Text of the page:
Photo by Fernando Jorge on Unsplash (modified)
Thoughts to think when you feel stuck
I’ve been living in leadership books these past few months, and they’ve given me all kinds of wonderful insights and fresh perspectives. Each one seems to be more enjoyable than the last.
Every day seems to be rife with opportunities to apply what I’ve learned, too. I feel like a leadership book version of Russell Crowe as John Nash in A Beautiful Mind, witnessing manifestations of these sacred texts’ teachings in the air around me.
There’s no doubt, these books have made me a better, more thoughtful leader, but there’s a pair of statements that have lingered in my brain that have had a profound positive impact on my own productivity. I don’t think of myself as much of a mantra person, but I’m hit with situations daily that trigger these affirmations to playback in my head — and they help.
In addition to improving my own personal productivity, they’ve also been useful tools for mentoring and coaching. We all get stuck, we all need a little motivation sometimes, and we all feel frustrated about things happening — or not happening — around us.
Best served with an eyes-closed cleansing breath, these mantras will help you fight through those moments of stagnation, find a goal, and push to make it happen.
One important thing each day
I can’t remember what I did yesterday, and I’m not sure what I’ll do today.
We’ve all given that update, right? You know, when you show up to your team’s daily status meeting a little underprepared and struggle to articulate what meaningful progress you made or what you plan to do next. I’ve certainly been in that boat — more times than I care to admit.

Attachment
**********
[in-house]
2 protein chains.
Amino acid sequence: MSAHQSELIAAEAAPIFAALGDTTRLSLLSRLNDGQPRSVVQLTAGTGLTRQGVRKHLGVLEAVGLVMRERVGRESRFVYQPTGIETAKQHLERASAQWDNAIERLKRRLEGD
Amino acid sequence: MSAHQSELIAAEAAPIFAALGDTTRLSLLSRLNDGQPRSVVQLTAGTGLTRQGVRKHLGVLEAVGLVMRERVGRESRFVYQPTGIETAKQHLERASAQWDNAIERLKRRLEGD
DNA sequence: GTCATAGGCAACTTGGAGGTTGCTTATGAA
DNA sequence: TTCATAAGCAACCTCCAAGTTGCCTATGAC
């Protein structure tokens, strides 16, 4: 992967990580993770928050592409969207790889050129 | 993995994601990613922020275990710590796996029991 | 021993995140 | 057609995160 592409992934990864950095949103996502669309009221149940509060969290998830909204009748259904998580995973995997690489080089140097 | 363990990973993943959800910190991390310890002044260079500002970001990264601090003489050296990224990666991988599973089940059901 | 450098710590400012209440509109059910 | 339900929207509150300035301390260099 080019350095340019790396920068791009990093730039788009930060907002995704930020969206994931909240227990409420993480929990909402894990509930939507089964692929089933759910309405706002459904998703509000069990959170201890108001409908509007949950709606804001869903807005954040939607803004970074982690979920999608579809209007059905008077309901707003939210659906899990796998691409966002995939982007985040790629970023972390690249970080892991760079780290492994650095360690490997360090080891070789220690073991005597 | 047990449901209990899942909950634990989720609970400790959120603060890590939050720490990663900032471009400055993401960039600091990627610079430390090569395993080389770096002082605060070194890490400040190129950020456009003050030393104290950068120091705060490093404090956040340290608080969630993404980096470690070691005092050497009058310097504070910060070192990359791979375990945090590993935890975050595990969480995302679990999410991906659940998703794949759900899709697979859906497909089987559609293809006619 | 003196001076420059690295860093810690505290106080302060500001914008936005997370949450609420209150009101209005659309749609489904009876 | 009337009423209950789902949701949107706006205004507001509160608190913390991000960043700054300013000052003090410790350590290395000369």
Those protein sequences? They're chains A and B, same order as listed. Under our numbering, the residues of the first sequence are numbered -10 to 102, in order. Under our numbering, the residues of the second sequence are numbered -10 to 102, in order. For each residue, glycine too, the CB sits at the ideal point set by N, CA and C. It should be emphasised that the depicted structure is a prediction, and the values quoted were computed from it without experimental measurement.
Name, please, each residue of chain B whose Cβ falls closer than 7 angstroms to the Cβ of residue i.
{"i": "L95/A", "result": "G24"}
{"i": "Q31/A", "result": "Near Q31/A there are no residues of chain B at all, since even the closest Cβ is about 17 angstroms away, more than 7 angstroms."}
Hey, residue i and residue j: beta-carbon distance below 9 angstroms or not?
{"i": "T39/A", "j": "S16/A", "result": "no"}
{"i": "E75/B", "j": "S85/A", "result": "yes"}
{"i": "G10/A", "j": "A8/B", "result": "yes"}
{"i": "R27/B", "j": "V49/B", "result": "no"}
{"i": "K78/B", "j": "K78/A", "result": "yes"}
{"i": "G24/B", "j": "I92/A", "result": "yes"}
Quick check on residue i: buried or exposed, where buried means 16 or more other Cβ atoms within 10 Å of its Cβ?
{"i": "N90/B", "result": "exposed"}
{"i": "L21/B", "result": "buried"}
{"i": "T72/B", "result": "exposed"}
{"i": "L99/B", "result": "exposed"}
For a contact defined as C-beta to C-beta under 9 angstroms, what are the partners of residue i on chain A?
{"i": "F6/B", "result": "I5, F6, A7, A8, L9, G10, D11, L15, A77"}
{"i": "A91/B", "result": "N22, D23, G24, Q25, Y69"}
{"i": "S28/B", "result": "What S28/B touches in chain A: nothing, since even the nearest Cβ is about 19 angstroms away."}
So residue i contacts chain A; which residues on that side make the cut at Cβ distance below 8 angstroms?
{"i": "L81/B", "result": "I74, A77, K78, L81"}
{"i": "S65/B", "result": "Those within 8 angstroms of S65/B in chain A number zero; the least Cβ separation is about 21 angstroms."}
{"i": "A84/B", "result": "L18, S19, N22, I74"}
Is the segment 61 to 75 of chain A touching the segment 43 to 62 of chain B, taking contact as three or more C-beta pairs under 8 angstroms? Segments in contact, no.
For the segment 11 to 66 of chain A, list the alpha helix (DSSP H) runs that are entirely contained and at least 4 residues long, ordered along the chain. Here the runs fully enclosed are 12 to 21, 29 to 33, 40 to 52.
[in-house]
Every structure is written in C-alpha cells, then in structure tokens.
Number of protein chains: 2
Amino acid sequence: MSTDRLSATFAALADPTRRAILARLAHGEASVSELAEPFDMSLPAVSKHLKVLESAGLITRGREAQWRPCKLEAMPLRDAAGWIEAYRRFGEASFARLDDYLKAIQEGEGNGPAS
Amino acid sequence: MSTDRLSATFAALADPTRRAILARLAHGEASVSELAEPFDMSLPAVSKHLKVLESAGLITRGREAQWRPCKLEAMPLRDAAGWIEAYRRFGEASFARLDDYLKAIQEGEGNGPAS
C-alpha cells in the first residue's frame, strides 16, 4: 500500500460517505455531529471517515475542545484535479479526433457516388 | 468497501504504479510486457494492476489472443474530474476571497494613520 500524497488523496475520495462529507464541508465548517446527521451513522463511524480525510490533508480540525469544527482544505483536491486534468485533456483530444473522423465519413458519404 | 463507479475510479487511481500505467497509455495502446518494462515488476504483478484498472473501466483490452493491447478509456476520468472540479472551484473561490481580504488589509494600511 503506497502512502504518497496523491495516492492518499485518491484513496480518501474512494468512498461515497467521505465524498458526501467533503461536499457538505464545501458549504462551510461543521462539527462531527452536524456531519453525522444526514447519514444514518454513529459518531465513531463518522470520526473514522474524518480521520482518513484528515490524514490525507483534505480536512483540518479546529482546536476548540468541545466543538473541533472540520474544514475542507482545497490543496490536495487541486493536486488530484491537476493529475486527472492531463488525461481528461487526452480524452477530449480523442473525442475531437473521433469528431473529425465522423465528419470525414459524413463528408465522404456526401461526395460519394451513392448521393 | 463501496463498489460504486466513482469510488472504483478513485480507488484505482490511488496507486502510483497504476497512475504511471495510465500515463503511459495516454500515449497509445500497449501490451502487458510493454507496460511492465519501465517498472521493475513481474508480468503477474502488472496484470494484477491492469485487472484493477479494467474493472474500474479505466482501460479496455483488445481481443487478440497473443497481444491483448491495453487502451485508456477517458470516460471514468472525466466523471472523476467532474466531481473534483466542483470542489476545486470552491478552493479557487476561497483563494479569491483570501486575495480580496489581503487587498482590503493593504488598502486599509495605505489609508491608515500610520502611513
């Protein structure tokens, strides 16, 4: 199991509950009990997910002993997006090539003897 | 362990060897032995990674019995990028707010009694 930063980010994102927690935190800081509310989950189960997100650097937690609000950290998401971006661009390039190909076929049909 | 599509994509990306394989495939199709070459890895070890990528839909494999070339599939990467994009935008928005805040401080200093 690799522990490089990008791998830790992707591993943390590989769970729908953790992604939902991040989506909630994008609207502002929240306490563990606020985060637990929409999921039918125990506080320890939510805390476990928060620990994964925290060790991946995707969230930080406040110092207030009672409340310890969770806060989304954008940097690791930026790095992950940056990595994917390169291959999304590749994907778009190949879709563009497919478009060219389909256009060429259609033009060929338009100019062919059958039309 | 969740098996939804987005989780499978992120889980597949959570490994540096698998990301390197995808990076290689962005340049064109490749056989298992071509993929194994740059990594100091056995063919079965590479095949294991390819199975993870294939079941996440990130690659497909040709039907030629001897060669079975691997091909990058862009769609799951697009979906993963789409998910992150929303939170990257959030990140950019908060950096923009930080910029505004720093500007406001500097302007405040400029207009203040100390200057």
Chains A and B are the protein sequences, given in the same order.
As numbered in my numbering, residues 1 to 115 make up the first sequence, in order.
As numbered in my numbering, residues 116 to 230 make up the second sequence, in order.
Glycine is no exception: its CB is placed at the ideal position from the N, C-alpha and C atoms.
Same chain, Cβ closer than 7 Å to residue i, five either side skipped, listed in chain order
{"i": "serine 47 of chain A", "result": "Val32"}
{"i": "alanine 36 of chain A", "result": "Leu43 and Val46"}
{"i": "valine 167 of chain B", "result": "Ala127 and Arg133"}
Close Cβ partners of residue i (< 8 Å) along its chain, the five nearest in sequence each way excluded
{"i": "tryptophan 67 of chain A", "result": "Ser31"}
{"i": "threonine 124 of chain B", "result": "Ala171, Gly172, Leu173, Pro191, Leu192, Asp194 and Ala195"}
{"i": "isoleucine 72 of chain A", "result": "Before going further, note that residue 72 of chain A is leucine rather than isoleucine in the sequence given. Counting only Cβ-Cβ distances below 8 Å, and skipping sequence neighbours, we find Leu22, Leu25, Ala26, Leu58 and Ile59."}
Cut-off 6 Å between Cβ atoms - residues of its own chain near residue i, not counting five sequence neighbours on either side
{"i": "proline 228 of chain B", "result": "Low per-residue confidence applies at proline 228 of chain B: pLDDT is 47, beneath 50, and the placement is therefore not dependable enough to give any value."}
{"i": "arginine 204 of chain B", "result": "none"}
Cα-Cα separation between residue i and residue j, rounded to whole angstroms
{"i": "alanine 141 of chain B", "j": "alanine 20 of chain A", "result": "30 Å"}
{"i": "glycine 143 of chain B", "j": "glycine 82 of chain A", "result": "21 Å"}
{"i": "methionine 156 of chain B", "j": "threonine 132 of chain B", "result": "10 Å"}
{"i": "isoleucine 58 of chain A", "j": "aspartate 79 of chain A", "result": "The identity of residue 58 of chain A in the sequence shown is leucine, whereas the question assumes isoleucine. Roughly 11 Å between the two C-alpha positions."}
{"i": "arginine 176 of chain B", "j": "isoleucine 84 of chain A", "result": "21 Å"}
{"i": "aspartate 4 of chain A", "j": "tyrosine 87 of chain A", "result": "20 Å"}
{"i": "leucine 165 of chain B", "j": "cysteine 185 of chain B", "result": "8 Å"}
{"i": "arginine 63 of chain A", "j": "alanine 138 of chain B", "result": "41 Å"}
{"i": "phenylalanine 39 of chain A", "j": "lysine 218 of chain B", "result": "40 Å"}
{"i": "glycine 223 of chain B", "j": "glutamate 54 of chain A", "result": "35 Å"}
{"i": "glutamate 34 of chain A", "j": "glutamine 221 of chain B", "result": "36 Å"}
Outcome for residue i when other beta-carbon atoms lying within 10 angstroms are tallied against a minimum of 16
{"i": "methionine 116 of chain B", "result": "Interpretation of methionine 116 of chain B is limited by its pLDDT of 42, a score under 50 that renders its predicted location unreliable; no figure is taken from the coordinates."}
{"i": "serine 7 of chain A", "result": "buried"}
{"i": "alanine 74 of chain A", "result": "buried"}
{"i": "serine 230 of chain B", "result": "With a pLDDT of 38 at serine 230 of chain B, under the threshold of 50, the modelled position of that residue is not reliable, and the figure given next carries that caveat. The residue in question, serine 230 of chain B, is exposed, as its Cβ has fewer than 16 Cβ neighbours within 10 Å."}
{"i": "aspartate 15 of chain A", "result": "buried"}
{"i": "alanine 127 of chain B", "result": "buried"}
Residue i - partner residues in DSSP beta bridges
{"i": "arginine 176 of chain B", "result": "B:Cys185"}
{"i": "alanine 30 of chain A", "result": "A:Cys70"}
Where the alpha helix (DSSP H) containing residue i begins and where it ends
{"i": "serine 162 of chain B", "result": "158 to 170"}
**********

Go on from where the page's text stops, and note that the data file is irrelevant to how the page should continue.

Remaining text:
That’s what I love about this first mantra. It addresses both parts of the feelsbad daily status report.
It’s inspired by the book A Sense of Urgency by John P. Kotter. Kotter explains that having a sense of urgency doesn’t mean you’re always running around creating a flurry of activity. Rather, it’s having a goal and making consistent progress toward achieving it without the stressful, frantic flurry. He writes the following:
With an attitude of true urgency, you try to accomplish something important each day, never leaving yourself with a heart-attack-producing task of running one thousand miles in the last week of the race.
This is my go-to self-talk when I catch myself spinning on tasks but accomplishing nothing, like when I’m flipping between email and Slack, searching for something new begging for my attention. That’s not a productive way to work. It’s entirely reactive and, at best, keeping up. It’s certainly not a mode that will lead to much progress.
In those moments, I take a breath and think, “One important thing each day. What’s something important I can do?”
This helps me pause, take inventory of everything that needs to be done, and determine what’s actionable. When done at the beginning of my day, it pushes me to prioritize and set immediate-term goals. It can also help with personal or team roadblocks by shedding light on instances where the most important thing can’t be done.
Completing a meaningful task each day gives you a place to hang your hat. No matter what else happens, you accomplished that one important thing. You set a goal and achieved it, and you’ll remember it when it’s time to give your update in the team’s daily status meeting.
Be the leader you wish you had